Discussion in 'Word Mechanics' started by ArielleCeleste, Aug 12, 2009.
Is it an error to start a sentence with but?
What are some alternatives?
Doing it occasionally isn't such a horrible sin. Don't overdo it, that's all. It'ts dangerous to always enter "but" first.
I find that in dialogue it's not that bad but (lol) in the actual writing of a story I find I over use it a little and I can't think of any alternatives off the top of my head.
There isn't really an alternative to "but". Its one of those words where if you need to use it, you need to use it.
Drat. I suffer from severe OCD so when I see 1000 but's in my stories I go bananas. However, although and all those just don't fit.
If there are a thousand of them, then I'd say you're overusing it. It's not a matter of finding a different word to use, but crafting sentences better. Look at books you have that you really love. Study how the authors crafted their sentences, how they created the flow of one paragraph to another.
it's ok to start a sentence, if it's done well... it's not ok, if it isn't!
I'm with Marina, if there are that many "but" sentences, its probably a more general problem with the way you are putting sentences together. Read read read, study study study.
China Mieville begins many sentences with "but" and uses "but" frequently. In fact, in Perdidio Street Station, he uses "but" 1086 times, which amounts to about 1.6 times per page. He is considered to be a literary writer, BTW.
There are alternatives to using but. You can use, though, although, even though, despite, whereas, while, on the contary, etc.
You can also rethink the information in the adversative clause and think of another way to write it.
One alternative is using a summative or a resumtive modifier. Furthermore, The more you train your brain in other patterns, the less you will use adversative clauses or sentences.
Because I always prefer examples, I will show a few. I hope anything I've said helps.
He had walked out of the university ten years ago. But only because he realized to his misery that he was a terrible teacher. - Perdidio Street Station
The first example is using a summative modifier, which doesn't work well in this sentence.
He had walked out of the university ten years ago, a decision he only made because he realized to his misery that he was a terrible teacher.
Because one thing happens before another, we could use a sequential clause.
When he had walked out of the university ten years ago, it was only because he realized to his misery that he was a terrible teacher.
Isaac could be brilliant, but he was undisciplined. - Perdidio Street Station
Even though Isaac could be brilliant, he was undisciplined.
You could consider using "although" and "though" too.
Despite that Isaac could be brilliant, he was undisciplined.
Despite Isaac's brilliants, he was undisciplined.
The next rewrite, is only to show that you can use a resumtive modifier; although, in this example it's not the best.
Isaac could be brilliant, an undisciplined brilliance that often led him into troubles.
Jill likes vanilla, but jack likes chocolate.
Jill likes vanilla, whereas jack likes chocolate.
I'm going to try and see if i can meld some of my sentences together that way architectus. I might end up having a completely different story in the end, though XD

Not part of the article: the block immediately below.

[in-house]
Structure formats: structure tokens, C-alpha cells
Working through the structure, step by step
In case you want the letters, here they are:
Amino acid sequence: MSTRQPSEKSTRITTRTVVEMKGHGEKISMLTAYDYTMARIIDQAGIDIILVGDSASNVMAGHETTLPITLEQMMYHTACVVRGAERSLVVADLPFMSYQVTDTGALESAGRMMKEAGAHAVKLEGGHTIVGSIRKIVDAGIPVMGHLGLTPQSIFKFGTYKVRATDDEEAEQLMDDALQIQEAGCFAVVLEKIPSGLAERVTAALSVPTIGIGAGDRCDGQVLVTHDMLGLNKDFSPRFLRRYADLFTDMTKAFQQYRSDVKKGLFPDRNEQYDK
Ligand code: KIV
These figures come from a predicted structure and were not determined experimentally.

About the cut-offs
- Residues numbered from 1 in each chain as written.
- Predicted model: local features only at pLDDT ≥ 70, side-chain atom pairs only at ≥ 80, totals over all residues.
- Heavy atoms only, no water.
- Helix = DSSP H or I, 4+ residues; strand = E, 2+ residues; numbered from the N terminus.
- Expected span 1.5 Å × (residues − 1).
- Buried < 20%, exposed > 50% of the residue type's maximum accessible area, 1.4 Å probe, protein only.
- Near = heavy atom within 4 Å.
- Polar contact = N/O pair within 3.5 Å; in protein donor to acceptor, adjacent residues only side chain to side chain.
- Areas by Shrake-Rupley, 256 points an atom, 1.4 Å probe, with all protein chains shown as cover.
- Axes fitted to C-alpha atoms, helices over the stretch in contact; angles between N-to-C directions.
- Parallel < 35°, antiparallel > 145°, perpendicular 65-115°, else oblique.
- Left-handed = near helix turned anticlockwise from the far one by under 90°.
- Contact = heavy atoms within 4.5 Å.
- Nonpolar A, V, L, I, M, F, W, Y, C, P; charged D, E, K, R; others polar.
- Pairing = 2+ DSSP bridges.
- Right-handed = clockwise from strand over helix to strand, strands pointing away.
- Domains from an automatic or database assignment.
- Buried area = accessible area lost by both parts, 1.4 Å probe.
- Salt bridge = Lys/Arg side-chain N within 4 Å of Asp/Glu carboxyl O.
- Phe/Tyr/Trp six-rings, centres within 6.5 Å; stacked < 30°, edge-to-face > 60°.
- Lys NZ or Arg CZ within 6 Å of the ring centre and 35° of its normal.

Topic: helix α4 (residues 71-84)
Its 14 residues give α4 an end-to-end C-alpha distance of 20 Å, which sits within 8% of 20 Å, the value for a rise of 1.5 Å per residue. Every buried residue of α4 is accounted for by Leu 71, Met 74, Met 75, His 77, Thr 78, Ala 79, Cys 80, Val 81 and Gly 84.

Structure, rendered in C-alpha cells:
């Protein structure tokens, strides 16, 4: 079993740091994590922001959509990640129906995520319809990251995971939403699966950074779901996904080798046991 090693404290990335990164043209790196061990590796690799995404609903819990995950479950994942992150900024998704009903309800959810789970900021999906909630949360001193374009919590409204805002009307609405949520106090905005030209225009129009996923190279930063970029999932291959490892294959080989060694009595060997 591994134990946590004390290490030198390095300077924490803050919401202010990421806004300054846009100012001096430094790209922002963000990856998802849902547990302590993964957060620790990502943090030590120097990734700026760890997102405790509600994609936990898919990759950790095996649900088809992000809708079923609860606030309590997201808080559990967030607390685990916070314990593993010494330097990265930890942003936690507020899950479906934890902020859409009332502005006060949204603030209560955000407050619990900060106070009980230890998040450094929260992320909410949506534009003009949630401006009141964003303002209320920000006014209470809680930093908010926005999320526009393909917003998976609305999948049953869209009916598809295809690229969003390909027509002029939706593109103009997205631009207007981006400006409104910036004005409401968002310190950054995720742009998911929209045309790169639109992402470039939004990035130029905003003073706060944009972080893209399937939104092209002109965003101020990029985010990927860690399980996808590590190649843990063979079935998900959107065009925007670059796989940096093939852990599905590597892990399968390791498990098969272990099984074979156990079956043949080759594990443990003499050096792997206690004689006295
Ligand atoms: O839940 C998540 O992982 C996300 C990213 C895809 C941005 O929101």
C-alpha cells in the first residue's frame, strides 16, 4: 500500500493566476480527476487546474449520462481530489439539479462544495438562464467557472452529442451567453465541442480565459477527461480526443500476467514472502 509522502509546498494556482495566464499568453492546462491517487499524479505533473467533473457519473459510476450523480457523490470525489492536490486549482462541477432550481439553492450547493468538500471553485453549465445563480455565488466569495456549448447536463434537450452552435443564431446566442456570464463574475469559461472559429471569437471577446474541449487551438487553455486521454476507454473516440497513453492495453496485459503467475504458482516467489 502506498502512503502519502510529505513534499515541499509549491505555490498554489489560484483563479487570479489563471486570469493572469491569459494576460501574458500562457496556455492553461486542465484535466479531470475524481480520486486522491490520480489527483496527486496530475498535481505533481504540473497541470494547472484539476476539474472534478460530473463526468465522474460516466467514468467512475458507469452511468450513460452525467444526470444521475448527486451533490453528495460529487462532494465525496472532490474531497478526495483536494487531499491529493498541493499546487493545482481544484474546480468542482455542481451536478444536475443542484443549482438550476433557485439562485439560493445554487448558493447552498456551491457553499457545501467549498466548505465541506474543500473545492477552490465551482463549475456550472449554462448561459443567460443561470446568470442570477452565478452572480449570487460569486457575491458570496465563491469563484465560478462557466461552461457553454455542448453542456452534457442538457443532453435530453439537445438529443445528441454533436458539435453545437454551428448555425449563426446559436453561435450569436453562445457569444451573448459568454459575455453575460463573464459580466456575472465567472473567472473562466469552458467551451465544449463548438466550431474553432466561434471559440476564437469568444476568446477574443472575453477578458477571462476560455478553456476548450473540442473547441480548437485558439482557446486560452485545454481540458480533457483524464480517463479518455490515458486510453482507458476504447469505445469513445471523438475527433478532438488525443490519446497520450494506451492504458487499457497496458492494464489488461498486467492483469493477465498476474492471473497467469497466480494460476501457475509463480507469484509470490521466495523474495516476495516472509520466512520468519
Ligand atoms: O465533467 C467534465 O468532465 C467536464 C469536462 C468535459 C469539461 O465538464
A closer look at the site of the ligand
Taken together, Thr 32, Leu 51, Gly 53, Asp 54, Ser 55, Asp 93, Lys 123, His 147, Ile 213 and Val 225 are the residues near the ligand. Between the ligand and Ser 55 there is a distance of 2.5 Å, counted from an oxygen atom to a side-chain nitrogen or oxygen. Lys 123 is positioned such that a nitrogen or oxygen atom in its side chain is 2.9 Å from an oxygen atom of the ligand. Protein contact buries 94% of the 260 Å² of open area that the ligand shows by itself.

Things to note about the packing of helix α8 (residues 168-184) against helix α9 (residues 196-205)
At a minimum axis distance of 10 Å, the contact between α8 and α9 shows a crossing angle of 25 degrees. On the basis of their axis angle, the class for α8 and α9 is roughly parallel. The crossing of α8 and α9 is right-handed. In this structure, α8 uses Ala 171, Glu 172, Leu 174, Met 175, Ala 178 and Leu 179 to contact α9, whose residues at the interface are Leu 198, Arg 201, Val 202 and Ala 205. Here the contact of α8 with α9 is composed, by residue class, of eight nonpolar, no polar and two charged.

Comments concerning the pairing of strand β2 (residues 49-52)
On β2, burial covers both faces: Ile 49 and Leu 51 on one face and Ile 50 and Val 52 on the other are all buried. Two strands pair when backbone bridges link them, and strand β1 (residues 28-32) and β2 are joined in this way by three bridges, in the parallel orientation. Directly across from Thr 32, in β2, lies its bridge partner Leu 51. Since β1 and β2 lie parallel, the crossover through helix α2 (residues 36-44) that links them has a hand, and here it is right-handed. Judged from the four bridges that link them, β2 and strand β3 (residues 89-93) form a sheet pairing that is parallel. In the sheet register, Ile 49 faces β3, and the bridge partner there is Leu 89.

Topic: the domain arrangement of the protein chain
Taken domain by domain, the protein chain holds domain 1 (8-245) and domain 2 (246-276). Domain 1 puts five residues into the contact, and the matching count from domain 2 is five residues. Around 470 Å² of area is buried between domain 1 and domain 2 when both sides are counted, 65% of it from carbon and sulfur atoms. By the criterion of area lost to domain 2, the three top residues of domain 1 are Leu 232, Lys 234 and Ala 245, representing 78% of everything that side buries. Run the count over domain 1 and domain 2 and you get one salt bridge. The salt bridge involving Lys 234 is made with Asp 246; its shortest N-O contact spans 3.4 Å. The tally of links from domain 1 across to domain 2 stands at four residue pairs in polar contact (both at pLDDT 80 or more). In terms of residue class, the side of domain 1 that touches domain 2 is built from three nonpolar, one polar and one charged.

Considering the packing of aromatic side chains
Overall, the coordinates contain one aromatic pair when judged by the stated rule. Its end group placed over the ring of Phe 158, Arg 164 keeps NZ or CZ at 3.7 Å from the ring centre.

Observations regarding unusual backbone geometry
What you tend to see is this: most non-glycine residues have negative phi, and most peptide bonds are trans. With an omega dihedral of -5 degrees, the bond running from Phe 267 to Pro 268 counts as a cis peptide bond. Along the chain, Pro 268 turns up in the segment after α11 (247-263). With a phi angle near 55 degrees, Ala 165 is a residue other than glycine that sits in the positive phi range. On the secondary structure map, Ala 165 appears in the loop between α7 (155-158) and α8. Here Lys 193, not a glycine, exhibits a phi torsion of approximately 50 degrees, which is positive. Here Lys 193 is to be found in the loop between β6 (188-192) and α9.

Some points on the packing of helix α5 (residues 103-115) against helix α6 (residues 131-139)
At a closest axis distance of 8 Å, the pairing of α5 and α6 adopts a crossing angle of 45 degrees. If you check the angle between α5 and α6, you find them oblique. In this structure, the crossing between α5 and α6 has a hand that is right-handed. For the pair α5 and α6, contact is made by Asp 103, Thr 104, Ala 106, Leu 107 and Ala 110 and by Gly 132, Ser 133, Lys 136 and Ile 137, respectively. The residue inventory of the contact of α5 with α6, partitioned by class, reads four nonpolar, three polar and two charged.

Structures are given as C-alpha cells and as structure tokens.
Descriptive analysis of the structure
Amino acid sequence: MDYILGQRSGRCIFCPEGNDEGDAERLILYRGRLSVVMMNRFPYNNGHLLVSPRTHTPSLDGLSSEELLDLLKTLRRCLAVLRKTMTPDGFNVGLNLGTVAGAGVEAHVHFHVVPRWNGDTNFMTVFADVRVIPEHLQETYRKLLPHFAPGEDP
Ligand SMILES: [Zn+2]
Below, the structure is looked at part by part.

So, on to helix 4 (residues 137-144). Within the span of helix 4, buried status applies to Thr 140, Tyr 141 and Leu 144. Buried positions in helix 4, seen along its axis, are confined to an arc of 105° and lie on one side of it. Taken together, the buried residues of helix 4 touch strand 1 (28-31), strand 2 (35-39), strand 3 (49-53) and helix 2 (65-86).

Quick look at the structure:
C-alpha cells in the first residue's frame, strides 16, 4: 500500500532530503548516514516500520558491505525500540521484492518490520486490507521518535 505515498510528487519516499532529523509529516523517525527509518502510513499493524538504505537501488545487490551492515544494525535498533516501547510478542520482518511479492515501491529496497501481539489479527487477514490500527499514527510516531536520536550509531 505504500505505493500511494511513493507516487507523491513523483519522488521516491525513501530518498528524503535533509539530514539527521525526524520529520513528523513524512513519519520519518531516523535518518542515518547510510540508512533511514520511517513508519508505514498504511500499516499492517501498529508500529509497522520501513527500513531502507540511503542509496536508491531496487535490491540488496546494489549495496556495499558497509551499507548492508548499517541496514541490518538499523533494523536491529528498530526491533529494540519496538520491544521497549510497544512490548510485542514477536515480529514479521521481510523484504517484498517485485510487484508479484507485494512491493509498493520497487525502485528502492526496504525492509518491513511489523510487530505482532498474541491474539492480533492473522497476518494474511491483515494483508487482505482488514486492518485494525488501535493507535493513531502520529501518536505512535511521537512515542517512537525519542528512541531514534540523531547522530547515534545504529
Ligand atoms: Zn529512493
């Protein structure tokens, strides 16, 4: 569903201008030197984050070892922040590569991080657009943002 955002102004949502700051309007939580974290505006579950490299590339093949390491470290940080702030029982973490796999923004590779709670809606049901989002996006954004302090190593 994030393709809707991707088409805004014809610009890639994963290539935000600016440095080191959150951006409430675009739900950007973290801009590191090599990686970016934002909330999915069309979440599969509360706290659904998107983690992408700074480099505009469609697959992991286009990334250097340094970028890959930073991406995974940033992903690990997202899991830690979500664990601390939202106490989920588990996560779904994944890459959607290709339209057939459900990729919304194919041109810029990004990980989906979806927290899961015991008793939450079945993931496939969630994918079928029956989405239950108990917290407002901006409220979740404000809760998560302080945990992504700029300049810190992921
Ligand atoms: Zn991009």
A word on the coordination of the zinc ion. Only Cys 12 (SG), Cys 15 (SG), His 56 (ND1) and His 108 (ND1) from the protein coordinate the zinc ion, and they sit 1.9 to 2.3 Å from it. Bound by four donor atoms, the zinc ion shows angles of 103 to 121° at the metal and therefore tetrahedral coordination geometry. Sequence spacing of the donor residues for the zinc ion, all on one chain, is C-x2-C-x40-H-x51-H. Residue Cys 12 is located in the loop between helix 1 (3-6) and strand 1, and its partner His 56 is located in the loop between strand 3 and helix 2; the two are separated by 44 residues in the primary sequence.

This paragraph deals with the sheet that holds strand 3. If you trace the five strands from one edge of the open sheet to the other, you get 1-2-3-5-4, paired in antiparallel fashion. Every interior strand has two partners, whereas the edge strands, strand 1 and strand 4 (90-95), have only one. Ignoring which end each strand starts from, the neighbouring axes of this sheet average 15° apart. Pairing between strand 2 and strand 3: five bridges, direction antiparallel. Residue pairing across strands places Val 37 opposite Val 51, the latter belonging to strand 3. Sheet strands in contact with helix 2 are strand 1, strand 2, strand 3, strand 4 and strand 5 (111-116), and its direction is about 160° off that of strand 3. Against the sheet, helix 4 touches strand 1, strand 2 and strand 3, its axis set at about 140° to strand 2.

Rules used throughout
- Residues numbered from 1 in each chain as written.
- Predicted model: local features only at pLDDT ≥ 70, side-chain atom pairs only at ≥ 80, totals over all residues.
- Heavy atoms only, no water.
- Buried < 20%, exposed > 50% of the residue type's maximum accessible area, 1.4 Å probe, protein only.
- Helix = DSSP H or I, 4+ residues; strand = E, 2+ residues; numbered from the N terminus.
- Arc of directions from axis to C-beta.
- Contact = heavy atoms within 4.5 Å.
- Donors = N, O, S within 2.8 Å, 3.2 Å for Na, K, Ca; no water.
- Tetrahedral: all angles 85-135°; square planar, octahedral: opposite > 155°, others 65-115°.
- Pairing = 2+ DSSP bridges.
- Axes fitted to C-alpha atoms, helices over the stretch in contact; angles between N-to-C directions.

Thanks for the advice everyone!
Archi's examples are grammatically right, but be aware that they will/do read differently to 'but' (which I guess is what you want...). I guess just be aware of how they change the tone, the characterisation, things like that.
Great post, Arch. However, I think you missed. . . however.
Architectus is right, of course. Although the meanings are different, another alternative for "but" that might be considered is "and."
Jill likes vanilla, and Jack likes chocolate.
Using "and" could change the meaning of the sentence somewhat, and that might be okay.
I actually learned this in an work-related seminar. In a workplace environment, "and" is considered less confrontational than "but."
So in a work e-mail, it's considered better to write:
"Amy believes we should go with Solution X, and Dave suggested we go with Solution Y."
Than it is to write:
"Amy believes we should go with Solution X, but Dave suggested we go with Solution Y."
The latter sentence is considered more confrontational.
This, of course, says very little for creative writing. This suggestion was made for office writing, and it can be considered as an alternative in other forms of writing as well. (I might have said, "This suggestion was made for office writing, but it can be considered as an alternative...")
I thought about mentioning it. However, I left it out because I don't like "however" in fiction. I rarely use it in my stories.
Traditionally, beginning a sentence with "but" has been discouraged in formal writing except in a construct such as "But for..." (e.g. "But for that catch, the Patriots would have won the Superbowl"). Opposition to the use you mention has waned over the last few decades.
Incidentally, much the same is true in regards to beginning a sentence with "And".
^ The "don't begin sentences with conjunctions" rule has been effectively thrown out in fiction, but I would advise against it in formal writing. Due to its effect on style and emphasis, it is useful in fiction, but in formal writing where clarity is paramount, you want to do as little as possible to confuse your reader (at least not with your grammar).
I decided to google the rule. I found this:
The moral is:
You can lead with your "but" if you've thought it through.
It's a split opinion, though.
Pun intended, I take it?
Separate names with a comma.